Wednesday, February 22, 2012

The Tithe: Its Early Structure

{The second part of a series on tithing: See the introduction posted here.}

Collection plates come in a number of different styles, made of aluminum or wood and in colors such as brown or silver or brass. I discovered this many years ago when asked to buy replacement plates for a church. A recent Google search showed a number of ways of describing these plates, including one which spoke of how envelopes would fit nice and flat on the bottom. Yet I suspect none of these plates could hold a person’s tithe if they were given as described in Deuteronomy.

Though not the first mention of tithing Deuteronomy gives instructions on how the people of Israel were to deal with their tithes once they entered into the Promised Land. The chapters give us a framework for how and where the people were to give, along with God’s goal in requiring the tithe. Leviticus and Numbers tell us how the tithe was intended to support the ministry of the Levites. Deuteronomy tells how the tithe was to work for each individual within the nation of Israel.

Deuteronomy 12:17-19

Being a mostly agricultural society, Israel’s tithing was described in terms of their crops. They were to bring a tithe of everything they grew as part of their offering, with a special tithe designated in the third year to mark their becoming established in the Promised Land. This was only one subset of their offering, as they were still required to give for burnt offerings and such that would increase the giving beyond the 10% mark. All was to be set aside and accounted for in wait for the day designated for the offering to be given.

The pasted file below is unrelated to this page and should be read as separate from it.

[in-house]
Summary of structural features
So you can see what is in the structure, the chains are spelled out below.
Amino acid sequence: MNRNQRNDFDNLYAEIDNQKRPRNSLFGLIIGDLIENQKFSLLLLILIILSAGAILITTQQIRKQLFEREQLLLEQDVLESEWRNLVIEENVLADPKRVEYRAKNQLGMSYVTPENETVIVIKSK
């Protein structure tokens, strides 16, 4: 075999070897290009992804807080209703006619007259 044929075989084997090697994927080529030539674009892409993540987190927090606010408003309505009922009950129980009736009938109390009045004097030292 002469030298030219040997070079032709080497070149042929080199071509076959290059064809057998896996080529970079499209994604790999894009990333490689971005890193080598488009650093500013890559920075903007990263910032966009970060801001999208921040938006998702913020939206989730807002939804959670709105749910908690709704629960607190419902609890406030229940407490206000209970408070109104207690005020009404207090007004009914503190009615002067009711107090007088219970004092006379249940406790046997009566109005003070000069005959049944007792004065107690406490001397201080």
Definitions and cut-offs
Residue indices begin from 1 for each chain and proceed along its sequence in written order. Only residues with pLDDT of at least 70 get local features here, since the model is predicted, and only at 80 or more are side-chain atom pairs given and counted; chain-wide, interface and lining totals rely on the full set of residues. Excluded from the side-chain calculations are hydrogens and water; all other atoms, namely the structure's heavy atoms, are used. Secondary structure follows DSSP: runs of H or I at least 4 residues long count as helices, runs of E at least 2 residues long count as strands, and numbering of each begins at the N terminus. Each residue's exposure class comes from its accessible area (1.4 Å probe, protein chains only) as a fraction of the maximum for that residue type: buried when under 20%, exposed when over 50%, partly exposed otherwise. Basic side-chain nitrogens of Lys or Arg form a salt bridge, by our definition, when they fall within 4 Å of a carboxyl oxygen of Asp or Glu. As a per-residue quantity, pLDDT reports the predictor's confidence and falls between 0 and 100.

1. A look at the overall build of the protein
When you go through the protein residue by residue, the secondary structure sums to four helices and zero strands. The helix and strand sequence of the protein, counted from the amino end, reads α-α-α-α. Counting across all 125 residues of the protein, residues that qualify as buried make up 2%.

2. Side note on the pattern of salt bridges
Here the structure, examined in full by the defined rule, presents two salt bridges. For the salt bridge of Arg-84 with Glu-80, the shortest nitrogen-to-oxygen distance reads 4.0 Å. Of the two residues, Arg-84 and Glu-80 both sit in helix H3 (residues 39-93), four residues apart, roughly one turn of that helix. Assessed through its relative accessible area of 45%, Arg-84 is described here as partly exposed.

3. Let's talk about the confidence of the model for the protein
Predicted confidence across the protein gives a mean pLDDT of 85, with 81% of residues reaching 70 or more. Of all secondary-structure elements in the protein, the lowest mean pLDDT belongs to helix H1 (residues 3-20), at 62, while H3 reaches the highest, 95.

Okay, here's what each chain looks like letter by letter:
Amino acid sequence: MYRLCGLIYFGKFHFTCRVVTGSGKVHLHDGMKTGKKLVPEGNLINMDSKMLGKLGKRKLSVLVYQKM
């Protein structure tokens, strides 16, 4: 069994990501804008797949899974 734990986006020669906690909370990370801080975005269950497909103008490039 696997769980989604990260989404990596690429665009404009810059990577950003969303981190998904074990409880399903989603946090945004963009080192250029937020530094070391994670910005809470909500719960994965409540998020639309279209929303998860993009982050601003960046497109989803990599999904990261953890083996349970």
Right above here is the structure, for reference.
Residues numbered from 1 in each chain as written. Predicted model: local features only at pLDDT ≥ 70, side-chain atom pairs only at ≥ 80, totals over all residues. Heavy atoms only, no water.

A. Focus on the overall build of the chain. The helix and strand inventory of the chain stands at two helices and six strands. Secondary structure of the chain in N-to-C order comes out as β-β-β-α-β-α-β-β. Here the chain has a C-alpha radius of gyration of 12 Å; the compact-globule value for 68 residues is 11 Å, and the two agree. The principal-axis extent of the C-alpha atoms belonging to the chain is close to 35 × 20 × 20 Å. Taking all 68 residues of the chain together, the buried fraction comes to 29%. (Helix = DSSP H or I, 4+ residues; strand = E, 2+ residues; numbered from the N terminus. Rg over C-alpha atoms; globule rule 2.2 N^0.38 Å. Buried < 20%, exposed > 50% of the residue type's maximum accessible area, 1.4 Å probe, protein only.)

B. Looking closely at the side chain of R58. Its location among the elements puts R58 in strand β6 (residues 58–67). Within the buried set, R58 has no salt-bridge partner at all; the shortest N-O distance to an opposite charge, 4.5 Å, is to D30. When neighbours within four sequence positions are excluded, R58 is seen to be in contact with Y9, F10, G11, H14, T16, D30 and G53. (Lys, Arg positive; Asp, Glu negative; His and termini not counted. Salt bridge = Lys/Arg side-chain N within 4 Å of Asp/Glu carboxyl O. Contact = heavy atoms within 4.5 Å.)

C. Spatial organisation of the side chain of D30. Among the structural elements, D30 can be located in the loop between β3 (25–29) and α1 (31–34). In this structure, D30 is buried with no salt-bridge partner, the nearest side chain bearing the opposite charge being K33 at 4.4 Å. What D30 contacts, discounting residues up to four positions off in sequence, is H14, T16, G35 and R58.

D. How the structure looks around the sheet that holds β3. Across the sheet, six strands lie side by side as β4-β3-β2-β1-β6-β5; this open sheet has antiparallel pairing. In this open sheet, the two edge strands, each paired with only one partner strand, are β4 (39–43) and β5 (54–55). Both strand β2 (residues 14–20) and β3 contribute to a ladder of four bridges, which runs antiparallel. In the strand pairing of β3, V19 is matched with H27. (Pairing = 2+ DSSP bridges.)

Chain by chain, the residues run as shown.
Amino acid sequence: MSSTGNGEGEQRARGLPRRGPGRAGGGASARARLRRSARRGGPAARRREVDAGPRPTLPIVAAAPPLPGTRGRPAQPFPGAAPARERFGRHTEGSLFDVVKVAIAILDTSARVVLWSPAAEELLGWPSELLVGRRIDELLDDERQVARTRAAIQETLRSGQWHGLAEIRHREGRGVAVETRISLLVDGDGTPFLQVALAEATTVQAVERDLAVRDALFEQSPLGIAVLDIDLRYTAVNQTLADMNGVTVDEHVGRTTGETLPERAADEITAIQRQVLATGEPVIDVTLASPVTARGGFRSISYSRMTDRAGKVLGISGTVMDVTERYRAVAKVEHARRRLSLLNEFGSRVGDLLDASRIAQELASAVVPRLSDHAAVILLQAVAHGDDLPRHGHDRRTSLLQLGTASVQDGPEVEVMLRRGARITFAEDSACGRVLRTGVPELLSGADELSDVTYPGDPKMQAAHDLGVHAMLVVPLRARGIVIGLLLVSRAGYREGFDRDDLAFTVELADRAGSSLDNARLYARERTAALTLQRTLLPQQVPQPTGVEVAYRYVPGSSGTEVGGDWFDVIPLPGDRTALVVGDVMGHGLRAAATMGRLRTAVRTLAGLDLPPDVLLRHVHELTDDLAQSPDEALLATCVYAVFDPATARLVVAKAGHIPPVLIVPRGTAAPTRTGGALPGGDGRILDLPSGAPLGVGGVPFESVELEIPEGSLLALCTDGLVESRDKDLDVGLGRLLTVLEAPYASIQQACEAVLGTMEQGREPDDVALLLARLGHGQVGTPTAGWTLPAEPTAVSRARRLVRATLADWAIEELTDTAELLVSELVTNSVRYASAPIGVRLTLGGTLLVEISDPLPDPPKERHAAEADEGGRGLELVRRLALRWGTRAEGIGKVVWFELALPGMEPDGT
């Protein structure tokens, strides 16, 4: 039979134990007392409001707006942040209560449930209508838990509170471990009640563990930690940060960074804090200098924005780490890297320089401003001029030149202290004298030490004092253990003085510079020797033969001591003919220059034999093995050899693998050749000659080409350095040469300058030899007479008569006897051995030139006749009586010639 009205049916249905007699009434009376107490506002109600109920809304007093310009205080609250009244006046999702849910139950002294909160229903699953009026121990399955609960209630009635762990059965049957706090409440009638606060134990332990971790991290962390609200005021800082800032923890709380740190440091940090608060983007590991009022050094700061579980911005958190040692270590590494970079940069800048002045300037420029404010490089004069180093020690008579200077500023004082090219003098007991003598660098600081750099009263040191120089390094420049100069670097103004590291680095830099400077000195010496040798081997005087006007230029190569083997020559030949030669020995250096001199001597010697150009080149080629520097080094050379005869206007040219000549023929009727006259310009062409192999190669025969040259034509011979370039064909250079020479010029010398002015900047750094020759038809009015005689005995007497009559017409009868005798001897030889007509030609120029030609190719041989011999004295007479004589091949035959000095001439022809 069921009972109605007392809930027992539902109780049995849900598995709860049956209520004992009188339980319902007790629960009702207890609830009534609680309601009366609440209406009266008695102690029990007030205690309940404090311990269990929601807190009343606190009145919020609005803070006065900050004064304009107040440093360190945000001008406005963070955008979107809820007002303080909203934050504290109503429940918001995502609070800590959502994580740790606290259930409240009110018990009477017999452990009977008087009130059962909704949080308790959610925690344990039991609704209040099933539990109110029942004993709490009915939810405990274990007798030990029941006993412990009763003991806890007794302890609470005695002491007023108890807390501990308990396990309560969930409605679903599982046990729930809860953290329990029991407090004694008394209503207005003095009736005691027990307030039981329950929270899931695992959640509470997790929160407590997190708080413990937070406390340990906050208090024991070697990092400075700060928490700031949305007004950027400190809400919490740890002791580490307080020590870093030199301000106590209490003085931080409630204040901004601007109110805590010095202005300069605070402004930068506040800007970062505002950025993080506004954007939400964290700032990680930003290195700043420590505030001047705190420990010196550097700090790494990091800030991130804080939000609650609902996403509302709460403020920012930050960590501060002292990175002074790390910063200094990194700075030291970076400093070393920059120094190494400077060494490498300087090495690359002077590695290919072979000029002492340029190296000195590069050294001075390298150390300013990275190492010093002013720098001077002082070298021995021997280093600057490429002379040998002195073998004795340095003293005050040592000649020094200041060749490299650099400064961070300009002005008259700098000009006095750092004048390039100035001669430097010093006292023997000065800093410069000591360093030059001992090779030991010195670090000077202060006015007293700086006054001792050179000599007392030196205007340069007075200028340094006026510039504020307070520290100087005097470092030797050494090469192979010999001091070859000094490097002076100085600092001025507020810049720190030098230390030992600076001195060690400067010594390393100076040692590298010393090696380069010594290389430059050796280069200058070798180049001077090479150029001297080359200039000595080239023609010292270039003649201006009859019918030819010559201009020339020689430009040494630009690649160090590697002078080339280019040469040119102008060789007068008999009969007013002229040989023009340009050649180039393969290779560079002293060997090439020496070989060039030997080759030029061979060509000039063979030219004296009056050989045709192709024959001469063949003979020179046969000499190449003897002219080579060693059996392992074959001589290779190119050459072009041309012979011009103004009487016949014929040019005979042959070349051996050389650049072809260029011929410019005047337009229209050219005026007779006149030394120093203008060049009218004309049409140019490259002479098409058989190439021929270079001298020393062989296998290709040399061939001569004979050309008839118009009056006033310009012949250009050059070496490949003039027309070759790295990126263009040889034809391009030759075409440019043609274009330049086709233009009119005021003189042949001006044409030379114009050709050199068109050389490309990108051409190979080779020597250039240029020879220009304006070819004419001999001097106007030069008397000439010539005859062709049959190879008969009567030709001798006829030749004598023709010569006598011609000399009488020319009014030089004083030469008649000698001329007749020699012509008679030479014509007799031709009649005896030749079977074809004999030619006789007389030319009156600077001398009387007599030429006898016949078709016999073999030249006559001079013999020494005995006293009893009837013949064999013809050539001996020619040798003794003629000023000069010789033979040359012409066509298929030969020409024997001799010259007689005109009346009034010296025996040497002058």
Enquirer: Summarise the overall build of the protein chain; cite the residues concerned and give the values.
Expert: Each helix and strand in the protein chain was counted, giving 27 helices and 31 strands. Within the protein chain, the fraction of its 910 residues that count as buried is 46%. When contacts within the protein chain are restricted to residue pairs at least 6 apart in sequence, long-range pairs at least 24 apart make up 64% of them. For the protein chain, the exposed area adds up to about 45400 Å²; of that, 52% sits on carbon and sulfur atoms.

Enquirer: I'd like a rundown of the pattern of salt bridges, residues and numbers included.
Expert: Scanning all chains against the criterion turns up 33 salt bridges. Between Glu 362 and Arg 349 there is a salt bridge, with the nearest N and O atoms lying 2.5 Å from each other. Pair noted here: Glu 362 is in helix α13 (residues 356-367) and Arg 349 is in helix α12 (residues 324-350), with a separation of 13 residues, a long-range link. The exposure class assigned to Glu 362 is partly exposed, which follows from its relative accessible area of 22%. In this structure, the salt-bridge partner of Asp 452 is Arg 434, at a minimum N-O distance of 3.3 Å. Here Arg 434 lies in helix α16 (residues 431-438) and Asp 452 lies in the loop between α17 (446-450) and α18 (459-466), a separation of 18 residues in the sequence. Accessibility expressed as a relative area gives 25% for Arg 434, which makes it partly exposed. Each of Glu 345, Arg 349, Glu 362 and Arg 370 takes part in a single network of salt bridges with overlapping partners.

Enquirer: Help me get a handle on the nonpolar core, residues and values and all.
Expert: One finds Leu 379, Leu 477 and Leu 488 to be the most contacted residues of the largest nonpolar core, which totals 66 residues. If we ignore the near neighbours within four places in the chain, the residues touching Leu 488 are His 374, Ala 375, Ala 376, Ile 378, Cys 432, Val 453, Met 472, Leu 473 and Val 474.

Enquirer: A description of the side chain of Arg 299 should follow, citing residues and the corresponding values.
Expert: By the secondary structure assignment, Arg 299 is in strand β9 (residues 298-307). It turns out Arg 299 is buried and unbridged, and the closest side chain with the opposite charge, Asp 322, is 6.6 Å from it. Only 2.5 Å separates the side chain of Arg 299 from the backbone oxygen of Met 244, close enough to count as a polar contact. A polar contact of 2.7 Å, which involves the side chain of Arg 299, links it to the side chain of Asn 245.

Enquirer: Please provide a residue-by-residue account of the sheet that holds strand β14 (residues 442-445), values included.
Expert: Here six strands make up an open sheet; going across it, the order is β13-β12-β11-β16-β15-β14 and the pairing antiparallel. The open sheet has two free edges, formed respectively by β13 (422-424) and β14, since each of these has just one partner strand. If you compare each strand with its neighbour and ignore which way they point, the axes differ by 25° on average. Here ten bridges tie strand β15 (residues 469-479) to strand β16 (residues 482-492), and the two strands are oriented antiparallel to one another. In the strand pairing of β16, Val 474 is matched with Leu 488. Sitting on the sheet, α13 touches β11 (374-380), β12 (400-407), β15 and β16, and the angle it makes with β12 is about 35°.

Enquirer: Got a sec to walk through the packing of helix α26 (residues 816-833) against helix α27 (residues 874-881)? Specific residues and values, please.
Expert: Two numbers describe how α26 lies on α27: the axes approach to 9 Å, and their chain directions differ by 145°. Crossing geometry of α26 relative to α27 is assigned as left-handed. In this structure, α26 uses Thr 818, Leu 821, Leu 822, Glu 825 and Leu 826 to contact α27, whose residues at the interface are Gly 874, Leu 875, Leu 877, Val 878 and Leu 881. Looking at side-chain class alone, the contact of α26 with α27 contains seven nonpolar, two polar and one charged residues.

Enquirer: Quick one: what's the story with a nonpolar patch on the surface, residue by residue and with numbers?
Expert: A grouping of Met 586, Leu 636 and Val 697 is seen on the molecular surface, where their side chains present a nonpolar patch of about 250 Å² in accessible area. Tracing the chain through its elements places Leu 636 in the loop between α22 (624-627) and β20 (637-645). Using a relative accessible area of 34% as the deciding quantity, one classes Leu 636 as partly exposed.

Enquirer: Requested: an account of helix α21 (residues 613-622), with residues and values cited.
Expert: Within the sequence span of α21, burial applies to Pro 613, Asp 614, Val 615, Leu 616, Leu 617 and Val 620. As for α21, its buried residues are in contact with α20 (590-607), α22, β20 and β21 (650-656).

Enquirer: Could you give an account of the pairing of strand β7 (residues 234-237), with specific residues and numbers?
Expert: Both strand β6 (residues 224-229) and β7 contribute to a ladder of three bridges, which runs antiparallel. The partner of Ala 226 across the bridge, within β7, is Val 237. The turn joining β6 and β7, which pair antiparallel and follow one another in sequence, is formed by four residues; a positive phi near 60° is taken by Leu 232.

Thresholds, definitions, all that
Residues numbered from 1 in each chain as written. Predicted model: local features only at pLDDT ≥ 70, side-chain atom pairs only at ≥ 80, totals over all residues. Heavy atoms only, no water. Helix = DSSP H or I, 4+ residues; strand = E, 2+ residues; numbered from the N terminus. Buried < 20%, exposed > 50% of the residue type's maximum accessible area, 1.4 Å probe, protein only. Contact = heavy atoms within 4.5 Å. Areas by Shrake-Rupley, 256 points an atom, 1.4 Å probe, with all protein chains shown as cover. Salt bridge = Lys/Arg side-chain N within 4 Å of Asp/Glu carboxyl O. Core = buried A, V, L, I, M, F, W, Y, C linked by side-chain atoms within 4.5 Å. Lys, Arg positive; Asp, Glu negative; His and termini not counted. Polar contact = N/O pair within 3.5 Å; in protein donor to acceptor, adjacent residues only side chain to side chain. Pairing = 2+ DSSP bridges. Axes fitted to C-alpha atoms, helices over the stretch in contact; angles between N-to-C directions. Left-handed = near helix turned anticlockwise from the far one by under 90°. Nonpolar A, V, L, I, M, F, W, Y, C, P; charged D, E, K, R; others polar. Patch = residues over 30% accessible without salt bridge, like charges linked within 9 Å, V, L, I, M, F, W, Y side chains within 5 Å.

Deuteronomy 14:22-23

The people of Israel were to bring their tithe to the place designated within their cities. There they were to eat their tithe, giving based on how they had been blessed by the Lord. Yes you read that correctly. The tithe was not simply left there at the altar. The people were to eat from the tithe they brought in to the temple, doing so before The Lord. They were to have what we would call a fellowship dinner, making sure to include the Levite. They were also to invite the widow and the poor living among them.

In doing so the people of Israel fulfilled the command given in Numbers that the tithes go as an inheritance to the Levite. It also fulfilled the ministerial mission of taking care of the poor, the widow, and the fatherless. But giving the tithe described in Deuteronomy served another purpose, one geared towards encouraging personal spiritual growth: “…that you may learn to revere your God always.”

More often than not the reason for tithing is wrapped up in the possibility of receiving a blessing in return for the tithe. Learning to revere and to fear God is not generally mentioned as a reason for paying our tithe. Yet it was given as a reason for paying the tithe as described in Deuteronomy. How is it that today when we speak of tithing and giving to God learning to revere is so often left out?

Next week we will look at Malachi, often the point of reference for those who justify giving a tithe as a way to receive blessings. Until then I leave you with something to ponder.

Perhaps you have been taught to give in reverence to the Lord. Have you ever been told how giving helps you learn to reverence God?


Gary Arnold said...

In all 3 tithes (Leviticus 27:30-33, Numbers 18; Deut. 14:22-27; Deut. 14:28-29, God commanded a tithe from HIS miraculous increase of food from crops and animals, NEVER money, and NEVER from man's income. This must be completely understood in order to understand that the tithe always came from God's labor, and never from man's labor. It came FROM God, not something man earned.

By tithing on one's income, man is replacing God in the tithing formula.

Dennis said...

Hi Gary. Thanks for sharing a very important point. As I study the tithe I am finding that my old views did not always line up with scripture. I had suffered from a me centric view of the tithe. Thanks for adding to my understanding of how the tithe was intended to be God centric.